What is the differential diagnosis?
The differential is between two main entities. 1) a spinal arachnoid cyst located posterior to the cord pushing the cord forward; 2) ventral thecal defect with adherence or herniation of the cord anteriorly.
Which do you favour?
An arachnoid cyst is most likely, as the cord is not focally distorted and no herniation is visible (although both can be subtle).
True or false: Arachnoid cysts often appear as hyperintense compared to CSF elsewhere on T2 fast spin echo sequences.
True. This is due to normal CSF losing some signal due to pulsation induced flow, whereas arachnoid cysts confine the CSF, preventing significant movement and thus preserving T2 signal.
How can this be sorted out?
Myelography / CT myelography is helpful in identifying the margins of the arachnoid cyst. CSF flow studies or high resolution targeted axial T2 images can help delineate an arachnoid cyst if present, or visualise the herniated cord.
How is a CT myelogram performed?
A spinal needle is introduced into the theca and water soluble contrast medium introduced (e.g. 10 mL). The needle is removed and the patient is asked to roll a few times to aid in mixing the contrast. They are then scanned without intravenous contrast.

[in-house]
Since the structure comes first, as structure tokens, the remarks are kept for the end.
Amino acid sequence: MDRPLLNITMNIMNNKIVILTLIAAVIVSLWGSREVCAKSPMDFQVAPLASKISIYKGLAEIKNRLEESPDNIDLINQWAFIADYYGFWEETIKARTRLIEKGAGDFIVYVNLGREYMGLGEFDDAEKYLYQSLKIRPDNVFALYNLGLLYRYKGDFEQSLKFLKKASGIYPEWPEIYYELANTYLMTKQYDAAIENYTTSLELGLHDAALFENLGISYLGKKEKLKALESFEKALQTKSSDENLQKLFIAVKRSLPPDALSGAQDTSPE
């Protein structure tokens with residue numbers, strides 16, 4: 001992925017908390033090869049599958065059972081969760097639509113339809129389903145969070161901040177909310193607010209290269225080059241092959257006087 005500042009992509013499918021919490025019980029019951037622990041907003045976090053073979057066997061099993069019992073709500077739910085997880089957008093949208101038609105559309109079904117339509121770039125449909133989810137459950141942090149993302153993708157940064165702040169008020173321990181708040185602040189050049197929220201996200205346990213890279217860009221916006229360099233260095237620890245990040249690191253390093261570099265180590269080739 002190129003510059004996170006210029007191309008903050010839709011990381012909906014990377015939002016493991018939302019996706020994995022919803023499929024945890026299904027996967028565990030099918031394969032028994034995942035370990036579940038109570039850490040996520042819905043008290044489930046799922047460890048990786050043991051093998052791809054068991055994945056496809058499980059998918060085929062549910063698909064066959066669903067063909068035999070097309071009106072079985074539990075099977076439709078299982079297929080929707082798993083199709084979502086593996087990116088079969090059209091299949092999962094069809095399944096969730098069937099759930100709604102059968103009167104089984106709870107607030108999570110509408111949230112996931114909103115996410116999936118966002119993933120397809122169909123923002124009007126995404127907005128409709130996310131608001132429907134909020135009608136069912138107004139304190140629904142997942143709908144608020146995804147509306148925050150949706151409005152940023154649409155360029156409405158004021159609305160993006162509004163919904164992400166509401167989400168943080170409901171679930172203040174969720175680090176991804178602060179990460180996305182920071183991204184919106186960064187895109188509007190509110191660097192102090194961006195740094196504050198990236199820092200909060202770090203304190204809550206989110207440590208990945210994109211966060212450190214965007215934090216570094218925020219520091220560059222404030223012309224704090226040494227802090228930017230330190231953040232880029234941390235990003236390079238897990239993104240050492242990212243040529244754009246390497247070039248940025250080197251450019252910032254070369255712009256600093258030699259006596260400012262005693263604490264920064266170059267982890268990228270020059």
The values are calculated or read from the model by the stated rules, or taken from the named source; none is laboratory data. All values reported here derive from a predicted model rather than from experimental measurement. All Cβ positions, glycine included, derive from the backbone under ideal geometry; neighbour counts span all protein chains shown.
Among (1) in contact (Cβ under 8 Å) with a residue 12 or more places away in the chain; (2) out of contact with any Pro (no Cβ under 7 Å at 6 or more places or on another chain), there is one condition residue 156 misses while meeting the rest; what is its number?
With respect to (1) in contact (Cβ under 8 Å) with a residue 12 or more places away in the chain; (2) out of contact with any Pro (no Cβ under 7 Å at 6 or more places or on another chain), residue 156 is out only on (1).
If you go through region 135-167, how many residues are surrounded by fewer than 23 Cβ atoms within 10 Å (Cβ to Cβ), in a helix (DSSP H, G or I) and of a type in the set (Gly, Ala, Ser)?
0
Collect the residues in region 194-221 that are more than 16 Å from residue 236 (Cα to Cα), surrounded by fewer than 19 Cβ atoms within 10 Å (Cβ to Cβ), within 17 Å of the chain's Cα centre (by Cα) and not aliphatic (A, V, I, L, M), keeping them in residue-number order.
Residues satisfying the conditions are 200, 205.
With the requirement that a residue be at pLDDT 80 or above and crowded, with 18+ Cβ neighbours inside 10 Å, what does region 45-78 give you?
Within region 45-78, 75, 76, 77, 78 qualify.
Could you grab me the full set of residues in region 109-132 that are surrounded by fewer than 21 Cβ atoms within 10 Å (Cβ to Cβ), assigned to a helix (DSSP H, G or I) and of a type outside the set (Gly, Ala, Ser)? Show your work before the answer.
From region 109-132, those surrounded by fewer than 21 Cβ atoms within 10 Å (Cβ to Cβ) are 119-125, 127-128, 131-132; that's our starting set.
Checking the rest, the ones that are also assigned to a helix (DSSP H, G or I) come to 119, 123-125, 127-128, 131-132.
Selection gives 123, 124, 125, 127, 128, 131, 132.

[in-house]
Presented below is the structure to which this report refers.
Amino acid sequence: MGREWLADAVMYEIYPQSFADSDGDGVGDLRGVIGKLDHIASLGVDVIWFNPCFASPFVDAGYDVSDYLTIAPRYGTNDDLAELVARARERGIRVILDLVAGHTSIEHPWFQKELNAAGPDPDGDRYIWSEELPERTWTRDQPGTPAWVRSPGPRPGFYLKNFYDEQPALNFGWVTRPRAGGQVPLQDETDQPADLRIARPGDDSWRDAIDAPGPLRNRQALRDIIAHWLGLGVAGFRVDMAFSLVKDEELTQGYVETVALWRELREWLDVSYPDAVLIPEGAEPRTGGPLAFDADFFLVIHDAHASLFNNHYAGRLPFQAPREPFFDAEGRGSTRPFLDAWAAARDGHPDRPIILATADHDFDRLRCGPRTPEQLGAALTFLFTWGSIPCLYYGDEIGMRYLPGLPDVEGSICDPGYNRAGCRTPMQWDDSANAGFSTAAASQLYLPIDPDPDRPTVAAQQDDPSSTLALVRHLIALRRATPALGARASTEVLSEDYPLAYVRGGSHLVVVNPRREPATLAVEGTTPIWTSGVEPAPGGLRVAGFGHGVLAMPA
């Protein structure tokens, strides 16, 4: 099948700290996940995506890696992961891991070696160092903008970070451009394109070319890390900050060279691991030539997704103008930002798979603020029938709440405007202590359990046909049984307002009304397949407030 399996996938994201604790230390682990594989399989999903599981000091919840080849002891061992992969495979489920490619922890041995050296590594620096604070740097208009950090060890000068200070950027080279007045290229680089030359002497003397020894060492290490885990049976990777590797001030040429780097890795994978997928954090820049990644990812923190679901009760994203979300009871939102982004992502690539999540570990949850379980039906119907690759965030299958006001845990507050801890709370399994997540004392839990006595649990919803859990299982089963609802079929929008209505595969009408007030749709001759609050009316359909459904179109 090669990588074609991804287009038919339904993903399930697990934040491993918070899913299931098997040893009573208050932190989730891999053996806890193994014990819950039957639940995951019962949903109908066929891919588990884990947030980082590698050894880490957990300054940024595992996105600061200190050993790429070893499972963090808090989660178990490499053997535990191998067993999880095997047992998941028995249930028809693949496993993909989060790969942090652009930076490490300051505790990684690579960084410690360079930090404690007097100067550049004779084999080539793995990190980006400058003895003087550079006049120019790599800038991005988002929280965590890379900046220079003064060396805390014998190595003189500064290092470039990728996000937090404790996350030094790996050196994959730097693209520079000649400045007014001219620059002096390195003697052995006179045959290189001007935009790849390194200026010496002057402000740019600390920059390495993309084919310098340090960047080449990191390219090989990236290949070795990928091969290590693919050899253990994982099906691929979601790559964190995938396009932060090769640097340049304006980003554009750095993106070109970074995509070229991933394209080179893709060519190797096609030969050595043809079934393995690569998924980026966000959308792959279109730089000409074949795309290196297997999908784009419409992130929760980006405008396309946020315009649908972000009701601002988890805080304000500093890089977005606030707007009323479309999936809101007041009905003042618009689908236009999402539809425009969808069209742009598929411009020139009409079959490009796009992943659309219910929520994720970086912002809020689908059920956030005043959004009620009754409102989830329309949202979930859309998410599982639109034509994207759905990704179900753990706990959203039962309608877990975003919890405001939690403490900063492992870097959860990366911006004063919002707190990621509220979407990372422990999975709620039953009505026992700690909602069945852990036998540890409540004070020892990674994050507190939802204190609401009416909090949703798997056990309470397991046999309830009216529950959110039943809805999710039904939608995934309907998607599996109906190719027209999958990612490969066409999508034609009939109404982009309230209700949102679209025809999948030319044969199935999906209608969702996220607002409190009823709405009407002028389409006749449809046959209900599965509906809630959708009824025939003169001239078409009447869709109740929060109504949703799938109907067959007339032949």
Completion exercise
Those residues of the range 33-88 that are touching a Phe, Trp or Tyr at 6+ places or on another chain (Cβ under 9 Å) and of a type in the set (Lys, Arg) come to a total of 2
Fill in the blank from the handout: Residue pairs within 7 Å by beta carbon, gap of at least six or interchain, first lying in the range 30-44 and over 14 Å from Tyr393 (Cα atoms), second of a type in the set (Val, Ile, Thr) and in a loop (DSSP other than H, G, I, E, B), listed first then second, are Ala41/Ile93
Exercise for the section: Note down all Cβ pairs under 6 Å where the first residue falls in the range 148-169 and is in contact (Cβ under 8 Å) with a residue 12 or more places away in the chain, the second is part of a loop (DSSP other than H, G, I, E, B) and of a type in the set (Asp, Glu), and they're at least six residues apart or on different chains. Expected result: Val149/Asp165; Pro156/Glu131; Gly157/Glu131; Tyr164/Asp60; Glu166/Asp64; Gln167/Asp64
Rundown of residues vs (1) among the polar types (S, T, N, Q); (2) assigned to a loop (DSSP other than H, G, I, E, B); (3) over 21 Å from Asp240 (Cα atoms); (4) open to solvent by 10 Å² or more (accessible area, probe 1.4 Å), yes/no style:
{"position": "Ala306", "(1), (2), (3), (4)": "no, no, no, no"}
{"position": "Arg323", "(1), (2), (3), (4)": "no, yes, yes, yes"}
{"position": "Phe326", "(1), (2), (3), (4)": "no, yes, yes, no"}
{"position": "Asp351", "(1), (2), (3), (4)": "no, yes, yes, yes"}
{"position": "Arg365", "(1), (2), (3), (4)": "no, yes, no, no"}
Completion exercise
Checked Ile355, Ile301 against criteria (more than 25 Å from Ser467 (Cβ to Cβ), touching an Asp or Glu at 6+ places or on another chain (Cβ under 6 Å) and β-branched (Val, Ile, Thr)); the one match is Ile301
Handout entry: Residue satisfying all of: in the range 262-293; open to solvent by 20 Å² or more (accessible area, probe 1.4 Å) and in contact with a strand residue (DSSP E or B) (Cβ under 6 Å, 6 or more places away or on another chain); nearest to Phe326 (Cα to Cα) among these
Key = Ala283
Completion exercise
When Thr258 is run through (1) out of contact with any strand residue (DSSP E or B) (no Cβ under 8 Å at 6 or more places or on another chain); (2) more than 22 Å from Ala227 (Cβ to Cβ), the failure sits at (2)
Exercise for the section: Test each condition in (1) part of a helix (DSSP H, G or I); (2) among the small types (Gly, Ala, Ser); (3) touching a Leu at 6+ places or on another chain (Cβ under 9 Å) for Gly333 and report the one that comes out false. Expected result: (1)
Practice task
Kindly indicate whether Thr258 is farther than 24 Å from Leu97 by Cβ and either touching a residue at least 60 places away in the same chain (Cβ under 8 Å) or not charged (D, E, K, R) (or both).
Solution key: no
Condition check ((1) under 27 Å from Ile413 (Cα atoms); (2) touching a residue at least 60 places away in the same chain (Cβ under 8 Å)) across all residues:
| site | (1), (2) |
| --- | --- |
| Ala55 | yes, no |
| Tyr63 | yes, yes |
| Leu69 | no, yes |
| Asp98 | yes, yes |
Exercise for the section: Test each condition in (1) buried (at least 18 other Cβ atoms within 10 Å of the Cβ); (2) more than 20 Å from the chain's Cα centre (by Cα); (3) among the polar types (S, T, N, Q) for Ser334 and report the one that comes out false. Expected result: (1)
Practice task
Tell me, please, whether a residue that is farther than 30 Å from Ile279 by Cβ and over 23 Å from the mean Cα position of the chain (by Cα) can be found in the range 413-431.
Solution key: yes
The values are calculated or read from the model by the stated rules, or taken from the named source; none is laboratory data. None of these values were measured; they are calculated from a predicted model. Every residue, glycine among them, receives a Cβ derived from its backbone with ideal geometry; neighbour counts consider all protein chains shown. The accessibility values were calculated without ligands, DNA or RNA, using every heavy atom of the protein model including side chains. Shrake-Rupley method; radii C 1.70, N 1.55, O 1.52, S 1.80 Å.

True or false: Arachnoid cysts do not communicate with the subarachnoid space.
False. Most arachnoid cyst eventually opacify with contrast, although the rate at which they do so is variable. In many instances, the cyst opacifies readily and as such it can be challenging to diagnose with certainty even with prompt scanning.
MRI of the spine demonstrates the upper thoracic cord to be displaced anteriorly, focally abutting the posterior aspect of the vertebral column. Axial T2 images suggest that the cord is being pushed anteriorly by a CSF intensity mass, rather than pulled forward.